RocksDB performs much better and is the most popular and efficient KV store in the market, being used at both Google (Leveldb) and Facebook. Therefore, the benchmarks are against that. Without spending time generating benchmarks, I'll bet that Badger would beat BoltDB any day.
The idea of using B+-trees with value log has potential. One would need to do some obvious optimizations to decrease the frequency of writes to disk. Because SSDs have to run garbage collection cycles, which can affect write performance in a long running task.
But, I think it would make a great research project. And if it comes out to be better than our current approach of LSM tree in read-write performance, I'd switch in a heartbeat; because I think B+-tree might be a simpler design.
BoltDB author here. I agree with you that Badger would beat Bolt in many performance benchmarks but it's an apples and oranges comparison. LSM tree key/value stores are write-optimized and generally lack transactional support. BoltDB is read-optimized and supports ACID transactions with serializable isolation. Transactions come with a cost but they're really important for most applications.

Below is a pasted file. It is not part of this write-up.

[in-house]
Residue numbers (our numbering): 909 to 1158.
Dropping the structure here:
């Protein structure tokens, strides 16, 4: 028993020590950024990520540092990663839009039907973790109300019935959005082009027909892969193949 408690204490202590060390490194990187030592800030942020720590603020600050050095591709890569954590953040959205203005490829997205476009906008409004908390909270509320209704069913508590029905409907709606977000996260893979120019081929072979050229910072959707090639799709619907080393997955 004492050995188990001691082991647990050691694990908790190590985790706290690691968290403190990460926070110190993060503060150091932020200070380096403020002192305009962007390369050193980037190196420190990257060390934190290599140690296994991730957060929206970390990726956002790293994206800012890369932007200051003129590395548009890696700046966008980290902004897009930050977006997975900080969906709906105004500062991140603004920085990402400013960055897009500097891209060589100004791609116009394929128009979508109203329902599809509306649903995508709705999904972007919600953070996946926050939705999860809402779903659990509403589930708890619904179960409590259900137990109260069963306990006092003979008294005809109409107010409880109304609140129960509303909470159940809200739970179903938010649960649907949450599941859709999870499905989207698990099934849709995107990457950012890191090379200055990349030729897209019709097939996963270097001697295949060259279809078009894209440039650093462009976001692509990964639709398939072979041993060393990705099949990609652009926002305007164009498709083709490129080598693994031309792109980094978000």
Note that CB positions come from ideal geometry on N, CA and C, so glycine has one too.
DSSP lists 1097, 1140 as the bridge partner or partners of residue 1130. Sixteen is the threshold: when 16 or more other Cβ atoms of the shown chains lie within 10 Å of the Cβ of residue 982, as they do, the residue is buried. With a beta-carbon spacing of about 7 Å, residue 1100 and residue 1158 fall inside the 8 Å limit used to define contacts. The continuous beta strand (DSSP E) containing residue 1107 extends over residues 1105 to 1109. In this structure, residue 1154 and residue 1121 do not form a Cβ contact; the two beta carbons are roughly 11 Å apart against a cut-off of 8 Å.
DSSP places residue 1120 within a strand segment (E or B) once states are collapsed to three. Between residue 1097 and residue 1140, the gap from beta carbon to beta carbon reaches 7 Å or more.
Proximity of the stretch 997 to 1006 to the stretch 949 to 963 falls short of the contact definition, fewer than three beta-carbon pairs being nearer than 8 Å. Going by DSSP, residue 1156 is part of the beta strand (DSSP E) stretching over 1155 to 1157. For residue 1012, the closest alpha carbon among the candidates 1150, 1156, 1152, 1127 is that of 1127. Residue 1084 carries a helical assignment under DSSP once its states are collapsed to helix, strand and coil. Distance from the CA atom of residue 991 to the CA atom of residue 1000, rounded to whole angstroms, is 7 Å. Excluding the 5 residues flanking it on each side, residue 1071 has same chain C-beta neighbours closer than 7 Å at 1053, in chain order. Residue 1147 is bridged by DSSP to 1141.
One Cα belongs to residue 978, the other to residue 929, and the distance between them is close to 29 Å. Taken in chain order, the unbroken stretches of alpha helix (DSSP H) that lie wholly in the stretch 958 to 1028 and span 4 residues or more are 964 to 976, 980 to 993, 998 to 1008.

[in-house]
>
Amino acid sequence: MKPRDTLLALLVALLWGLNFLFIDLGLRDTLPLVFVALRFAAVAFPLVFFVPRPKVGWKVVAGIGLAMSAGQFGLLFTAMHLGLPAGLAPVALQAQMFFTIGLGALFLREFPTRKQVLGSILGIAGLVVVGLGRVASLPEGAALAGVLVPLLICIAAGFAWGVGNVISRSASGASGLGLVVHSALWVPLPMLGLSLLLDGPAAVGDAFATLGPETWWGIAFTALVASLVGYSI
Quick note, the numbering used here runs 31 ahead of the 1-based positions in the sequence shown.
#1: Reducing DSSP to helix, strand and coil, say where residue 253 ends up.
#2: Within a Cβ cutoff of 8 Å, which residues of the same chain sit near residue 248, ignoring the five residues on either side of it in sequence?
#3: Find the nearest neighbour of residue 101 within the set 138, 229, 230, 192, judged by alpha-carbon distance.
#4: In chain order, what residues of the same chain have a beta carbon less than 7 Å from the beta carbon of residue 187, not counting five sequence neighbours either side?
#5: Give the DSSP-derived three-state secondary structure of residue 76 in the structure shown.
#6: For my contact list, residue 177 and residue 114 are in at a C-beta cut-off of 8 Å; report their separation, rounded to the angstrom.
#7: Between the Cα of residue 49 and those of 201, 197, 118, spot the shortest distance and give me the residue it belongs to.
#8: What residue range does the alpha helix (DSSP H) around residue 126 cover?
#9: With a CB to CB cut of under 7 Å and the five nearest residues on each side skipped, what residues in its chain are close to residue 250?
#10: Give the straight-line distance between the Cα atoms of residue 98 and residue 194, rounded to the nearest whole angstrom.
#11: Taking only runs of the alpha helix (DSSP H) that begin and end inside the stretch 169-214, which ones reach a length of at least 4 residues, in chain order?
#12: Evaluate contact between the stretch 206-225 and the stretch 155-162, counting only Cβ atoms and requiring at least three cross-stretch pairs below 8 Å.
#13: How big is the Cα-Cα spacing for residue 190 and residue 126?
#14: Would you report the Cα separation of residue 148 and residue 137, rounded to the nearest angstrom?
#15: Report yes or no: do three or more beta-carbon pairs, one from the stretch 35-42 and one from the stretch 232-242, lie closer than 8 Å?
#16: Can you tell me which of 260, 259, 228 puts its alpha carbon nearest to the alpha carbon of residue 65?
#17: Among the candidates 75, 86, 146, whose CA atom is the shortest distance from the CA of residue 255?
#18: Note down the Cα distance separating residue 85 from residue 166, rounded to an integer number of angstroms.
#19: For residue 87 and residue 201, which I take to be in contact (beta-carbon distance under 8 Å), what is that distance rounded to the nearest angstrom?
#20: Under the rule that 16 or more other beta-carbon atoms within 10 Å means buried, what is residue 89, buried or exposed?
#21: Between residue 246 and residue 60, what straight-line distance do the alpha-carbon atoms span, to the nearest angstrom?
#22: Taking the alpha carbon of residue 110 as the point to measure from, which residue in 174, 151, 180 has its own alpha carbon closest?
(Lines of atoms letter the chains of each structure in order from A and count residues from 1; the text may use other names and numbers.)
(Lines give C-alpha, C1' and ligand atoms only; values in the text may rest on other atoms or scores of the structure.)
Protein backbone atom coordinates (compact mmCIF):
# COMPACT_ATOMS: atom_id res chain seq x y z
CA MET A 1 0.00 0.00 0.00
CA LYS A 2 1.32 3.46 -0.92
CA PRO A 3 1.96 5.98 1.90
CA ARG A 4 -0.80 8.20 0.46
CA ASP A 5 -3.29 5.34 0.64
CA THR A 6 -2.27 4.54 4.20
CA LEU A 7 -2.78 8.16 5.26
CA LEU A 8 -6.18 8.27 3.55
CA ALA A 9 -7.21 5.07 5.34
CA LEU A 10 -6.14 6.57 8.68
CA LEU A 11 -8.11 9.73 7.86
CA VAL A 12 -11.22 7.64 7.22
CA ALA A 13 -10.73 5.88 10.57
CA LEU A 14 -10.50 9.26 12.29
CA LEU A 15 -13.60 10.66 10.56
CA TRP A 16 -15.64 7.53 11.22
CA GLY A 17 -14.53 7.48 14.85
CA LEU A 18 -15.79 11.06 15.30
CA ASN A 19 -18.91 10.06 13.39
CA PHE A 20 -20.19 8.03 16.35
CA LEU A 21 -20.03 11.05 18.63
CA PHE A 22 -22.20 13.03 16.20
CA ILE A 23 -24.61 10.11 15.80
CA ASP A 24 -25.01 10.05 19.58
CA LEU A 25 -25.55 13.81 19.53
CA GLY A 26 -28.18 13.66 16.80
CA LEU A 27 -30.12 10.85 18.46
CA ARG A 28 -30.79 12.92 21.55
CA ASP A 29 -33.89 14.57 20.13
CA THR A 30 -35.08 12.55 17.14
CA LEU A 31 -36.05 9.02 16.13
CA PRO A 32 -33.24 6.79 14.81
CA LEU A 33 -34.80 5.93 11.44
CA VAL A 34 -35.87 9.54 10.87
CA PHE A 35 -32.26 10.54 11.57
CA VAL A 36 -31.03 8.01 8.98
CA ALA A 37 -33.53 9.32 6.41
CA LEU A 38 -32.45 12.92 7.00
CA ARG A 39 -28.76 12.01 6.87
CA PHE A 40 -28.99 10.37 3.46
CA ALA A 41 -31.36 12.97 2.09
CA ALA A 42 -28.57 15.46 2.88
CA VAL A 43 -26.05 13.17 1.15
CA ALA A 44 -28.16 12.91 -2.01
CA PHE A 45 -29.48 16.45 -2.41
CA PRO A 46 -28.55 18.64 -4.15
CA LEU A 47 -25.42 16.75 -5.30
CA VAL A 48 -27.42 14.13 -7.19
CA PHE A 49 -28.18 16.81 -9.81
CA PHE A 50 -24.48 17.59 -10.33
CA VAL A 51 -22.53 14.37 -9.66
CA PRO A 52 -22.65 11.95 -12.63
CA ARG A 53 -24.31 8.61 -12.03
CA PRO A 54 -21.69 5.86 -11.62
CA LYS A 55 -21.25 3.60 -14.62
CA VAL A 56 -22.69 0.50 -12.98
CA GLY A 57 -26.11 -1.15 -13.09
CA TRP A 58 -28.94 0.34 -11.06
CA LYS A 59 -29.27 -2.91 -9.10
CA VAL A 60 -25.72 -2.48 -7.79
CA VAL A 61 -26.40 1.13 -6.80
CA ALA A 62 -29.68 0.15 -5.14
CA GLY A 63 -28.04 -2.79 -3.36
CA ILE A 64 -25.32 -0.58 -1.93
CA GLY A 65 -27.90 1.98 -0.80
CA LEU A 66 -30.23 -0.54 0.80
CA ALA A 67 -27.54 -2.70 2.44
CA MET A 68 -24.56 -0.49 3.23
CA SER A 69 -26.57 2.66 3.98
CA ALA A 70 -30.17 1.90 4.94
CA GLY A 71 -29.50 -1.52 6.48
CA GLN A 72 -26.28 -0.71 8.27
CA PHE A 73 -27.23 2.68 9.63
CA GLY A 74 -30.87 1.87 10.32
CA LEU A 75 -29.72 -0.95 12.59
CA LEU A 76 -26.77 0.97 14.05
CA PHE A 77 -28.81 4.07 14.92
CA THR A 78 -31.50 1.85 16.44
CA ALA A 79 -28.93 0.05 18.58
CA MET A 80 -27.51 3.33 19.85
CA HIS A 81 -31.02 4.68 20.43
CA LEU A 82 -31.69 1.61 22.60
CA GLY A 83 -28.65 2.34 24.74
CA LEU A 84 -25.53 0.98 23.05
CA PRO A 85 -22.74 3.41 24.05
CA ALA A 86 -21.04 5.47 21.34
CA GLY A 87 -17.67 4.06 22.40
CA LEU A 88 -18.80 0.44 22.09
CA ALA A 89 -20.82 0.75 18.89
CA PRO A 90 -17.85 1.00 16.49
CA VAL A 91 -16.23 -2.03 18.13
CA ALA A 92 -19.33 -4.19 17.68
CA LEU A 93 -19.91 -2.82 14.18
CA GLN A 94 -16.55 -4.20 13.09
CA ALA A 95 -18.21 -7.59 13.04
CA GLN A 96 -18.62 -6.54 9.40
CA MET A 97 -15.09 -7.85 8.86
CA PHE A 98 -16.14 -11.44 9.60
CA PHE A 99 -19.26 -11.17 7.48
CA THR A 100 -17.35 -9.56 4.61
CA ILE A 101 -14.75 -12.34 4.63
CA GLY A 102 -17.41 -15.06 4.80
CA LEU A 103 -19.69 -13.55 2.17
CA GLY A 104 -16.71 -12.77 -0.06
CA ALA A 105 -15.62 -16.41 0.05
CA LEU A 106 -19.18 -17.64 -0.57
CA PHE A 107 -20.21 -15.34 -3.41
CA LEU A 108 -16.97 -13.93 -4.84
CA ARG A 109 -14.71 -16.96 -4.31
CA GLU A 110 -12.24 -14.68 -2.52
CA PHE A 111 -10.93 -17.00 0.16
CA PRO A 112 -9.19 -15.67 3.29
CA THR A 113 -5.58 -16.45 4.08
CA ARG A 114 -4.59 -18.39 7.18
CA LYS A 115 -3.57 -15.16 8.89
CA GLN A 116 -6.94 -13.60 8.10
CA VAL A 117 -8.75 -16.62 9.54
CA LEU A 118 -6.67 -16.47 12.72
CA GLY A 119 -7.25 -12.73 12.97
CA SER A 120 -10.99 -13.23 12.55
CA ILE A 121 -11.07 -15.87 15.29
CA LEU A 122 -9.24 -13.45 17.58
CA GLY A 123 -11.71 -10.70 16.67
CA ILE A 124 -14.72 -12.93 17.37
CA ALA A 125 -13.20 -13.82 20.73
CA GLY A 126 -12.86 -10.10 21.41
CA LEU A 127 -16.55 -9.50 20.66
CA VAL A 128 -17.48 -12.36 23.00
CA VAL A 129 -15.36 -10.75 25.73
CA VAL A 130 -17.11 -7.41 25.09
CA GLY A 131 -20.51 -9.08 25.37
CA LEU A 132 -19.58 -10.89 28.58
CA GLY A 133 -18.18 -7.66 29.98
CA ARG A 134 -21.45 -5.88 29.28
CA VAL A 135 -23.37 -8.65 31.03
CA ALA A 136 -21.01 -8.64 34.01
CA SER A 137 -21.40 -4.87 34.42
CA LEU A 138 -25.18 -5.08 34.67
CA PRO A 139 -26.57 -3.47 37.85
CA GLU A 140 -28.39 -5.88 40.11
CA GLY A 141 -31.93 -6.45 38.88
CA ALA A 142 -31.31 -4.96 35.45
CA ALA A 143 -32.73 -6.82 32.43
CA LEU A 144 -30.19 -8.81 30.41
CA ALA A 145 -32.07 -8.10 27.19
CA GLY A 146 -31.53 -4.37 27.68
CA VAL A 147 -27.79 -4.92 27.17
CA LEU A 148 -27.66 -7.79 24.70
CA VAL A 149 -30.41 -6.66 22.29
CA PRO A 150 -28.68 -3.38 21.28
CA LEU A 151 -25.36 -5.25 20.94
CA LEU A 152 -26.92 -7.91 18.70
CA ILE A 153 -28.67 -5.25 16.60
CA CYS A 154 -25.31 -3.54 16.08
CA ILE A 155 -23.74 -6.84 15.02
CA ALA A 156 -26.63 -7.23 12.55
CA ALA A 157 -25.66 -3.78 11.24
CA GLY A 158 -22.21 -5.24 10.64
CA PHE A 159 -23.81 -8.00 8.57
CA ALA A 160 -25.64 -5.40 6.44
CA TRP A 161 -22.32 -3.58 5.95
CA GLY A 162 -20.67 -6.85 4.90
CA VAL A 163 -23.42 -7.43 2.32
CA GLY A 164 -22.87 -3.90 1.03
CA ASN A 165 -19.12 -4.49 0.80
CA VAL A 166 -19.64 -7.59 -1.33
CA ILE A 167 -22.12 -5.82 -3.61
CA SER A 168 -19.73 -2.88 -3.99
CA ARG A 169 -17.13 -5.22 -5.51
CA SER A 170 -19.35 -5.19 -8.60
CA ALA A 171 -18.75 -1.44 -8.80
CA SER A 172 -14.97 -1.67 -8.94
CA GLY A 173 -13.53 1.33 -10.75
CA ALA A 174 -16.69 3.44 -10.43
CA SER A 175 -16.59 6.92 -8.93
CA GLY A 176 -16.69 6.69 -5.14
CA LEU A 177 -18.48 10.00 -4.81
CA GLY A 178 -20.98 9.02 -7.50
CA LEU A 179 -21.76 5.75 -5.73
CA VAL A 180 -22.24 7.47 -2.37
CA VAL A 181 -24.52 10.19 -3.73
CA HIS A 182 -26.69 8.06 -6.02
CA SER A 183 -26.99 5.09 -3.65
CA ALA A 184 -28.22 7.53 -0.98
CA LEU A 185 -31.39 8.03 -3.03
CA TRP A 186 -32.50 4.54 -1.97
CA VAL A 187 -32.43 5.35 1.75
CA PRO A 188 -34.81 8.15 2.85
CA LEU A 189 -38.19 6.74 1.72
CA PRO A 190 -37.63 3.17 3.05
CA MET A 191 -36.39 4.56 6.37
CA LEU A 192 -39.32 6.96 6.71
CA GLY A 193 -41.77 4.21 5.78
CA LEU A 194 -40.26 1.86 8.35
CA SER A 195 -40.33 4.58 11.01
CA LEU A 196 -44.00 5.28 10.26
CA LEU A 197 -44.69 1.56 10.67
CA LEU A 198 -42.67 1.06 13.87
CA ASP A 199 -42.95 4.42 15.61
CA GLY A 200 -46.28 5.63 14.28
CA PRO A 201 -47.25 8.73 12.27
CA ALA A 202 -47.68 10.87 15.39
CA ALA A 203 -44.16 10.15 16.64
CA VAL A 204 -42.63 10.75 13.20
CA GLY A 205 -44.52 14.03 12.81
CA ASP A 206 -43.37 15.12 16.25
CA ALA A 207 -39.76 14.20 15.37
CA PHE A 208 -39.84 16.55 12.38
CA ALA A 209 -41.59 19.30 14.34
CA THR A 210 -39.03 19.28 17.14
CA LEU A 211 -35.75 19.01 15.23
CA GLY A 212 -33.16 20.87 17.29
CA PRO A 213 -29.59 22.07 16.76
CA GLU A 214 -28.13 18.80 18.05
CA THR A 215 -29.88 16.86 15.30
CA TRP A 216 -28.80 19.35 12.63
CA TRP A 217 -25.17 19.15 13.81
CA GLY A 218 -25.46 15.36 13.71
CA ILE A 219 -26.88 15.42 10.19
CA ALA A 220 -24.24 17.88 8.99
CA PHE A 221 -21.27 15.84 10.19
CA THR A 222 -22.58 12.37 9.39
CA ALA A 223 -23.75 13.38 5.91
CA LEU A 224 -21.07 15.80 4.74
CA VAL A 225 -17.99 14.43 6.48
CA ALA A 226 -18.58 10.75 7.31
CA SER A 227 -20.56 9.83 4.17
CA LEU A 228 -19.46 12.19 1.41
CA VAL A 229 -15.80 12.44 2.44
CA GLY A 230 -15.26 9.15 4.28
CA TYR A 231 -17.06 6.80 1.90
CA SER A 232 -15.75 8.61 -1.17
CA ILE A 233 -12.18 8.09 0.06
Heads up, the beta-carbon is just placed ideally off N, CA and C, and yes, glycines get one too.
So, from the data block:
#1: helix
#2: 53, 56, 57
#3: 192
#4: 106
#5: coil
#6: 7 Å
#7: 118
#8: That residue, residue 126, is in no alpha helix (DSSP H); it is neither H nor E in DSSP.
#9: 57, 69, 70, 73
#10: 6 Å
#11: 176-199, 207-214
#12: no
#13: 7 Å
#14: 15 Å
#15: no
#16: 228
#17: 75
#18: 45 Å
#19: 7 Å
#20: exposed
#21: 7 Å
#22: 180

Regarding benchmarks, LSMs typically excel in random and sequential write performance and do OK with random read performance. LSMs tend to be terrible for sequential scans since levels have to be merged at query time. B+trees are usually terrible at random write performance but can do well with sequential writes that are batched. They tend to have good random read performance and awesome sequential scan performance.
It comes down to using the right tool for the job. If you don't need transactions, Bolt is probably overkill. There's whole section on the BoltDB README about when not to use Bolt:
> It is just badly implemented, acquires a global mutex lock across all reads and writes.
You're welcome to your opinion about it being "badly implemented" but the global mutex lock across reads and writes is simply untrue. Writes are serialized so those have a database-wide lock. However, read transactions only briefly take a lock when they start and again when they stop so they can obtain a snapshot of the root node. That gives the transaction a point-in-time snapshot of the entire database for the length of the transaction without blocking other read or write transactions.
So, you should really test your read/write ratio with the size of the keys and payloads before selecting one solution or another. Even on the Badger tests, you can see that it can vary a lot.